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Johannes Kepler, born in 1571 in south Germany, was one of the world's greatest mathematicians and astronomers. The author of this book uses this history as a background to his novel, writing a work of historical fiction that is rooted in poverty, squalor and the tyrannical power of emperors.
Johannes Kepler, born in 1571 in Swabia, south-west Germany, was one of the greatest mathematicians and astronomers of all time. Banville brings Kepler's life and struggle to live in vividly realized scenes whose visual detail is reminiscent of Old Master paintings. While Kepler works towards his famous discovery that the pattern of planetary motion is elliptical, the reader is entertained by an earthy account of the pains and humiliations of his everyday life with his sharp-tongued wife Barbara and his tyrannical, unpredictable patrons. The result is a novel which manages to be intellectually challenging while delivering an entertaining account of the trials of everyday life in the late 16th century. (Kirkus UK)
ISBN: 9780330372336 ISBN-10: 0330372335 Series: Revolutions Trilogy Audience:
Number Of Pages: 208 Published: 1st December 2010 Publisher: Pan Macmillan Country of Publication: AU Dimensions (cm): 20.0 x 13.0
Weight (kg): 0.14
Edition Number: 1
About the Author
John Banville also writes under the pseudonym Benjamin Black. CLICK HERE to see his Author Page
Irish novelist John Banville was born in Wexford in Ireland in 1945. He was educated at a Christian Brothers' school and St Peter's College in Wexford. He worked for Aer Lingus in Dublin, an opportunity that enabled him to travel widely. He was literary editor of the Irish Times between 1988 and 1999. Long Lankin, a collection of short stories, was published in 1970. It was followed by Nightspawn (1971) and Birchwood (1973), both novels.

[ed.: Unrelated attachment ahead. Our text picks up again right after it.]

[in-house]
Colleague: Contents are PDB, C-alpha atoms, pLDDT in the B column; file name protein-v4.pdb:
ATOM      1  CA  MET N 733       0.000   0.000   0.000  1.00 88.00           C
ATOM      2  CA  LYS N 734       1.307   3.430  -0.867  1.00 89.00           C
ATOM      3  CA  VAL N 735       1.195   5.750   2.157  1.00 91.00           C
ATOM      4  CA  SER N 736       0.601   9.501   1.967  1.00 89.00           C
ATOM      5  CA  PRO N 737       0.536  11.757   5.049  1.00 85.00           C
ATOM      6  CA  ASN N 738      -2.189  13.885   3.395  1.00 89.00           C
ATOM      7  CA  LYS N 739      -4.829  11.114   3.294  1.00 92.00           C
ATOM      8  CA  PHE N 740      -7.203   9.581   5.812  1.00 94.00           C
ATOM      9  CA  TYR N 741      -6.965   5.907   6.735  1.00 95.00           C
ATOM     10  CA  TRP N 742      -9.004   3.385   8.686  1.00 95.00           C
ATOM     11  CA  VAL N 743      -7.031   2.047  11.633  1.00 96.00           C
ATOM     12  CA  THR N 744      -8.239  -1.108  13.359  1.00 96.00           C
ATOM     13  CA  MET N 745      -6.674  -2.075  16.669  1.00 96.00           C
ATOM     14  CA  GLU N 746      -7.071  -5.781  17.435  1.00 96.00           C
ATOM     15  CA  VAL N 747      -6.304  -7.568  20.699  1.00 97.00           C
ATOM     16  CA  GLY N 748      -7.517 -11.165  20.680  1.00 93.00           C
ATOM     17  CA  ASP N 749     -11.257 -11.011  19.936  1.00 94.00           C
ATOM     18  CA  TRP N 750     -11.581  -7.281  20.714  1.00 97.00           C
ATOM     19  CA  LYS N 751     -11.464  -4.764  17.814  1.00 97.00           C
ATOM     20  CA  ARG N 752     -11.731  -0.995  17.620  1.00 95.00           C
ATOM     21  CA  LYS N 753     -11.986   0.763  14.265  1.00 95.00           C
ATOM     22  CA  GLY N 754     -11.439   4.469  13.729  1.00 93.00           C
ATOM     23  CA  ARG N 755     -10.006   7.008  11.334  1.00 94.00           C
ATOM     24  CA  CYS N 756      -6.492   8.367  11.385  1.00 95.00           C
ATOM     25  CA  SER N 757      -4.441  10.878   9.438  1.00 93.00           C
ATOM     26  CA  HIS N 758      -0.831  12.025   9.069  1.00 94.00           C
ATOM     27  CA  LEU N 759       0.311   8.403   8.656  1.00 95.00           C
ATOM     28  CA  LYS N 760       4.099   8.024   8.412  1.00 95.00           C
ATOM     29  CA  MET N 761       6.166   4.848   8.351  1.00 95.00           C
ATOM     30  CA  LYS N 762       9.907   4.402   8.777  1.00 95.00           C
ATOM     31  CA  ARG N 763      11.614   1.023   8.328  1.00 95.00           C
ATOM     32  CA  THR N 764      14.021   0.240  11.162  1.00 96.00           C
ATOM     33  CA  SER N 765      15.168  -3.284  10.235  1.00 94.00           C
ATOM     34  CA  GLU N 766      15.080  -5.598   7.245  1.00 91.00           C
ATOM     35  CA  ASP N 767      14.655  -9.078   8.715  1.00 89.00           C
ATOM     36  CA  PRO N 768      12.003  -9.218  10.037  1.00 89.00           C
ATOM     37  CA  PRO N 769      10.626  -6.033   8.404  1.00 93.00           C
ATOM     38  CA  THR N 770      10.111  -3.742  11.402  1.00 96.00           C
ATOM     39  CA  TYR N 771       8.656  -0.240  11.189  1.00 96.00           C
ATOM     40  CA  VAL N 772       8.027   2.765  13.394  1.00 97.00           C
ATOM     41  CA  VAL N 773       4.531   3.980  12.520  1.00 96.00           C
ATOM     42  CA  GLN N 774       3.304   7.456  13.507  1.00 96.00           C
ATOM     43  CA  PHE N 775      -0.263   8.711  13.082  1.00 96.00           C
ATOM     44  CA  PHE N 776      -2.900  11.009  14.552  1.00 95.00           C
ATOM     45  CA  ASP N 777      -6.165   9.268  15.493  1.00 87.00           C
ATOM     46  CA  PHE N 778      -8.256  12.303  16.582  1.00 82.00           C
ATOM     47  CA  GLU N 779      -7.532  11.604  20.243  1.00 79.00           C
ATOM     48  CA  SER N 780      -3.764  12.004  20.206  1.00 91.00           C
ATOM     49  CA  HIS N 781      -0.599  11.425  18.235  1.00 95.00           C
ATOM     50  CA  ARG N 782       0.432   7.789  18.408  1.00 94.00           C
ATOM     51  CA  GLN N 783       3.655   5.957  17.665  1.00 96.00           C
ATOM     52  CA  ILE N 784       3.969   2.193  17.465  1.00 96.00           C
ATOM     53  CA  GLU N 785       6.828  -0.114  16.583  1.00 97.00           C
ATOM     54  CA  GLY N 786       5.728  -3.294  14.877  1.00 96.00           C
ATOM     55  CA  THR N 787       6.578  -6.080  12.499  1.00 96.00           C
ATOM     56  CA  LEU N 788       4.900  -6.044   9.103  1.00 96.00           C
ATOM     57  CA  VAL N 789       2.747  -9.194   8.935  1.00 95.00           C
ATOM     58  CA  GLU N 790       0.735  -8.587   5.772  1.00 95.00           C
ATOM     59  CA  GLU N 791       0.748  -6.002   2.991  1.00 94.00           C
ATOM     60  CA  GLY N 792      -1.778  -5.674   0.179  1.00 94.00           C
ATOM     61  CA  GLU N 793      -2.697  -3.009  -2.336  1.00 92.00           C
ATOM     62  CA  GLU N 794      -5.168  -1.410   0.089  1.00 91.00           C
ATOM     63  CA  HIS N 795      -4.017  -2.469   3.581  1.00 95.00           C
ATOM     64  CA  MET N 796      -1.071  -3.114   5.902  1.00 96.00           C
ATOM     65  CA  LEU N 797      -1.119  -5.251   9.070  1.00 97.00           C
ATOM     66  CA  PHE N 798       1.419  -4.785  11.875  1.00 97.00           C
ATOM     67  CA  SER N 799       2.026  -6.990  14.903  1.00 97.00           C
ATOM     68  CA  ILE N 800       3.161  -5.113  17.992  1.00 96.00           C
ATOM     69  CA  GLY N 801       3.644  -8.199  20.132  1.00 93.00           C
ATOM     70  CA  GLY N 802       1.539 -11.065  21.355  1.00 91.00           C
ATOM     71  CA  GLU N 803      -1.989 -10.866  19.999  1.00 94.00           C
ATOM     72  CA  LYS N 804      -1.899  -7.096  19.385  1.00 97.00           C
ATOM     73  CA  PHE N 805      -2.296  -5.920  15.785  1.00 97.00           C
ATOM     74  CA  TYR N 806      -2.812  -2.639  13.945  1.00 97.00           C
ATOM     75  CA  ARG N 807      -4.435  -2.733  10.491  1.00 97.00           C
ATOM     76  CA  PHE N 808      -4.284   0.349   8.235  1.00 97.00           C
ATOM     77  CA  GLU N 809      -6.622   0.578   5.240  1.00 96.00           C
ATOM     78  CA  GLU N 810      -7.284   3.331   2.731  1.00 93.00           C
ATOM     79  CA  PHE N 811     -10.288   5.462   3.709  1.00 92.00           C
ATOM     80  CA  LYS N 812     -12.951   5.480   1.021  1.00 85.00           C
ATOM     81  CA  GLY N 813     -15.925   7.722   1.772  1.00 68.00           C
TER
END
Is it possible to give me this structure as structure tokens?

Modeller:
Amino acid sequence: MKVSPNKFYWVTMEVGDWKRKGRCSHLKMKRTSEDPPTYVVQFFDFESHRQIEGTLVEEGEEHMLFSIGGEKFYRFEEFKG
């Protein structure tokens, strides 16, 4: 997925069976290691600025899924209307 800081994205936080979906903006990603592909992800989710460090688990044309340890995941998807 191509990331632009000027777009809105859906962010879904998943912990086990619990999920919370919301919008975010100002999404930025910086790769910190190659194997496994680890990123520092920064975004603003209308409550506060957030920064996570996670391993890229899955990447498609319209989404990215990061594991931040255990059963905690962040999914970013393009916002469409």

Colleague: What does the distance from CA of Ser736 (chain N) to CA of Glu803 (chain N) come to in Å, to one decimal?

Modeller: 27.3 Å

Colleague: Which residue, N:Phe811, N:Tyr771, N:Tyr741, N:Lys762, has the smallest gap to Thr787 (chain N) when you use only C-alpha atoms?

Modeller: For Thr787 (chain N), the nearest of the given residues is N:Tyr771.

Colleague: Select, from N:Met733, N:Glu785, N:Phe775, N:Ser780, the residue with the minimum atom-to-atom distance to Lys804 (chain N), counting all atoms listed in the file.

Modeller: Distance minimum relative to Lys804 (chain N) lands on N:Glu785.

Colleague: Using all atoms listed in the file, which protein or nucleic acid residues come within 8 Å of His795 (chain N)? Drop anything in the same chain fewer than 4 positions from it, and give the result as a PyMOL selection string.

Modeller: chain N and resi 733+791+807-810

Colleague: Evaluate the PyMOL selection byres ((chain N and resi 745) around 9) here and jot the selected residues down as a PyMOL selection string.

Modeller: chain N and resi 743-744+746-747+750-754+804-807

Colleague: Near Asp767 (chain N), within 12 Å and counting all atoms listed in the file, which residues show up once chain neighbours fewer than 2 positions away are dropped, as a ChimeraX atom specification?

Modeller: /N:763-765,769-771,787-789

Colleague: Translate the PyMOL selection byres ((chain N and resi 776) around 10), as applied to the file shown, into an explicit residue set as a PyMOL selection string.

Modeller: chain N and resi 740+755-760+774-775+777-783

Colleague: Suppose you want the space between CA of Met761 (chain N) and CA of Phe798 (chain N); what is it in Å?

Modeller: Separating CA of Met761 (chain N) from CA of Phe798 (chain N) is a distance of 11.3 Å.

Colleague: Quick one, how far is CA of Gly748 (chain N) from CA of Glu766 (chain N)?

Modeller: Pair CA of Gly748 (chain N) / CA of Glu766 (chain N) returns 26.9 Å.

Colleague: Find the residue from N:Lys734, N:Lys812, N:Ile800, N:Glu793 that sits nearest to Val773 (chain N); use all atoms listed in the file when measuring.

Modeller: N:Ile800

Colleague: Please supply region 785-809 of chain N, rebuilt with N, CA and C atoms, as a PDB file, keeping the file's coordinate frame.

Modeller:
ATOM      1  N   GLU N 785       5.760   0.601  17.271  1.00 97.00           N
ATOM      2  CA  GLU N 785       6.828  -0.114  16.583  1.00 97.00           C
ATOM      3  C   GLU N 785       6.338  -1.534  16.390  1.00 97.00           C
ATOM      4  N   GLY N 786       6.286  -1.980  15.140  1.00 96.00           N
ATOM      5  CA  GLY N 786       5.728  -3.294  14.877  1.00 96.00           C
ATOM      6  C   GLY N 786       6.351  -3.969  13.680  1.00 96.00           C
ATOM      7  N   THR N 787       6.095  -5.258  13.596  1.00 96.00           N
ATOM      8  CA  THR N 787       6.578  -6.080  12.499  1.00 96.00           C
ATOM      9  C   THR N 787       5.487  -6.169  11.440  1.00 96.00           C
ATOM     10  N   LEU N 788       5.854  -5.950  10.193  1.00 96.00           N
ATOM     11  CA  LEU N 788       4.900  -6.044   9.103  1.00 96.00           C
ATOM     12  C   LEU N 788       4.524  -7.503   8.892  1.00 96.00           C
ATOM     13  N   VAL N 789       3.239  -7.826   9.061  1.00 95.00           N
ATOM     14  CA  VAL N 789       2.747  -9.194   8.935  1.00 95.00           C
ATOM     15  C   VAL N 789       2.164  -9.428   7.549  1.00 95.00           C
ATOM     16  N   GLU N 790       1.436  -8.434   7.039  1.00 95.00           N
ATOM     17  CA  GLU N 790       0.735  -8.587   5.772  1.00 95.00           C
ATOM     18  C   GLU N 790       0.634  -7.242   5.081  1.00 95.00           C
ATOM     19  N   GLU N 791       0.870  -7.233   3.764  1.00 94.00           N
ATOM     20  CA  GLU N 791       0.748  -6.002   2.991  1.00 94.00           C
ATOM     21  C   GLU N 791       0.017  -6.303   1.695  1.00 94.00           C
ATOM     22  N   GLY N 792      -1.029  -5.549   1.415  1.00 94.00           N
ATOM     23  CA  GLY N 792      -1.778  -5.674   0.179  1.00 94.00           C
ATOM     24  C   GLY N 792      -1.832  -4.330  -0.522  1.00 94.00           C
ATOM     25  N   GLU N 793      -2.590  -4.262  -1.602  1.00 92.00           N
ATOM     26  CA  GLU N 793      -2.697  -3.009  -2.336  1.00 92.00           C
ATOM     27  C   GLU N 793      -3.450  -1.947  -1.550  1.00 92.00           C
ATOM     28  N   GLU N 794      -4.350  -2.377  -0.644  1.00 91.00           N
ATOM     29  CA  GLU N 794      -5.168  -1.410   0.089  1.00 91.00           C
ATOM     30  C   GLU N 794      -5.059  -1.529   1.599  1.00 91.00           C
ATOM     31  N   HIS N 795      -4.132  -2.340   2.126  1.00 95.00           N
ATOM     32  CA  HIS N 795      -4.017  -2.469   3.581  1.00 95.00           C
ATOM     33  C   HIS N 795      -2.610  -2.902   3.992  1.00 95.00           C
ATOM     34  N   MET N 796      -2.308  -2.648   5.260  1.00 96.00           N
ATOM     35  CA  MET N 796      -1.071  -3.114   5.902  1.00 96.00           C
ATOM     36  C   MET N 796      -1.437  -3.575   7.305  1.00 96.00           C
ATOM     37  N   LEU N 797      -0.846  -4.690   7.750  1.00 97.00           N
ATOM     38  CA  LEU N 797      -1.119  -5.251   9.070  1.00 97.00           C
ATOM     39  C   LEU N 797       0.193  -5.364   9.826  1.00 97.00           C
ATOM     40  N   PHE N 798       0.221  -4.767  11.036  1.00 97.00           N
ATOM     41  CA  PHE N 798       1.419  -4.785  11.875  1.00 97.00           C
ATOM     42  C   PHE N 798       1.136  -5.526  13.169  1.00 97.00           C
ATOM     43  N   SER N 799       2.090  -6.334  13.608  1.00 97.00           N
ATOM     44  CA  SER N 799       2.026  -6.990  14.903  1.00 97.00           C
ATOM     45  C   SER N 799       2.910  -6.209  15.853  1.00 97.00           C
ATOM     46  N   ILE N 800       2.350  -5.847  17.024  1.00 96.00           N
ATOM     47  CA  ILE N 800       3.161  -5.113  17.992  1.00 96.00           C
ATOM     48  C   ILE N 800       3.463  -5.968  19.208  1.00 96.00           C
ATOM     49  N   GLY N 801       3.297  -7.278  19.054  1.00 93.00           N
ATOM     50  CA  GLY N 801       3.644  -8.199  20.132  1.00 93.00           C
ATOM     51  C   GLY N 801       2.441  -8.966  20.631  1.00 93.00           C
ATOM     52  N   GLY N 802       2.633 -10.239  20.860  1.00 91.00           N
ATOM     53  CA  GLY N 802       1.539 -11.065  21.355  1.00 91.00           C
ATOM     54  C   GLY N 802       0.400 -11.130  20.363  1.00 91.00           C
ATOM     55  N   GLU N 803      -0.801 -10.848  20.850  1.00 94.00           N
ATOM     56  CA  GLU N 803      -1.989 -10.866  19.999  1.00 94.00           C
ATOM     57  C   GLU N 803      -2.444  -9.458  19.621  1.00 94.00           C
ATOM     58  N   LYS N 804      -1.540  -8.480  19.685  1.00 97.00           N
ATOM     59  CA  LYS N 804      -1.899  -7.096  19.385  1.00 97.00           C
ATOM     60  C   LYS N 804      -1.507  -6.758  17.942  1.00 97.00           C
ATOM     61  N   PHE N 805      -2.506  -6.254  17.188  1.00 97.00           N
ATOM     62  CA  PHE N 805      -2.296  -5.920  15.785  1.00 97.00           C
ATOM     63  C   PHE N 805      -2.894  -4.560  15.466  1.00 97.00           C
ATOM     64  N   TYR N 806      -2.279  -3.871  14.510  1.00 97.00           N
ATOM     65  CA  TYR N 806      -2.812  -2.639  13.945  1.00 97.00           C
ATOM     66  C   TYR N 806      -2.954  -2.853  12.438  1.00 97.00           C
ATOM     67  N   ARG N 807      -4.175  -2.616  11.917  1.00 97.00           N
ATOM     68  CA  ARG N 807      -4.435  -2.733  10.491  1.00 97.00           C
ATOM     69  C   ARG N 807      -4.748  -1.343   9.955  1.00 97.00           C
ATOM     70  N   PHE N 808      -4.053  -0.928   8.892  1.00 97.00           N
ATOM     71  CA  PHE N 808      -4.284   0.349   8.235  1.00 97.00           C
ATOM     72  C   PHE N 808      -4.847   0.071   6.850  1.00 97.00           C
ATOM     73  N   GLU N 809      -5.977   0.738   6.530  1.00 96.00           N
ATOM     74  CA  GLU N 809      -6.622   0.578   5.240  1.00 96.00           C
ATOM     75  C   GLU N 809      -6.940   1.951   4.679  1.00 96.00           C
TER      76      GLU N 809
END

Banville's fictional portrait of the 15th-century Polish astronomer Dr Copernicus (1976) won the James Tait Black Memorial Prize (for fiction) and was the first in a series of books exploring the lives of eminent scientists and scientific ideas. The second novel in the series was about the 16th-century German astronomer Kepler (1981) and won the Guardian Fiction Prize. The Newton Letter: An Interlude (1982), is the story of an academic writing a book about the mathematician Sir Isaac Newton. It was adapted as a film by Channel 4 Television. Mefisto (1986), explores the world of numbers in a reworking of Dr Faustus.
The Book of Evidence (1989), which won the Guinness Peat Aviation Book Award and was shortlisted for the Booker Prize for Fiction, Ghosts (1993) and Athena (1995) form a loose trilogy of novels narrated by Freddie Montgomery, a convicted murderer. The central character of Banville's 1997 novel, The Untouchable, Victor Maskell, is based on the art historian and spy Anthony Blunt. Eclipse (2000), is narrated by Alexander Cleave, an actor who has withdrawn to the house where he spent his childhood. Shroud (2002), continues the tale begun in Eclipse and Prague Pictures: Portrait of a City (2003), is a personal evocation of the magical European city.
John Banville lives in Dublin. The Sea (2005) won the 2005 Man Booker Prize. In The Sea an elderly art historian loses his wife to cancer and feels compelled to revisit the seaside villa where he spent childhood holidays. His latest novel is The Infinities (2009).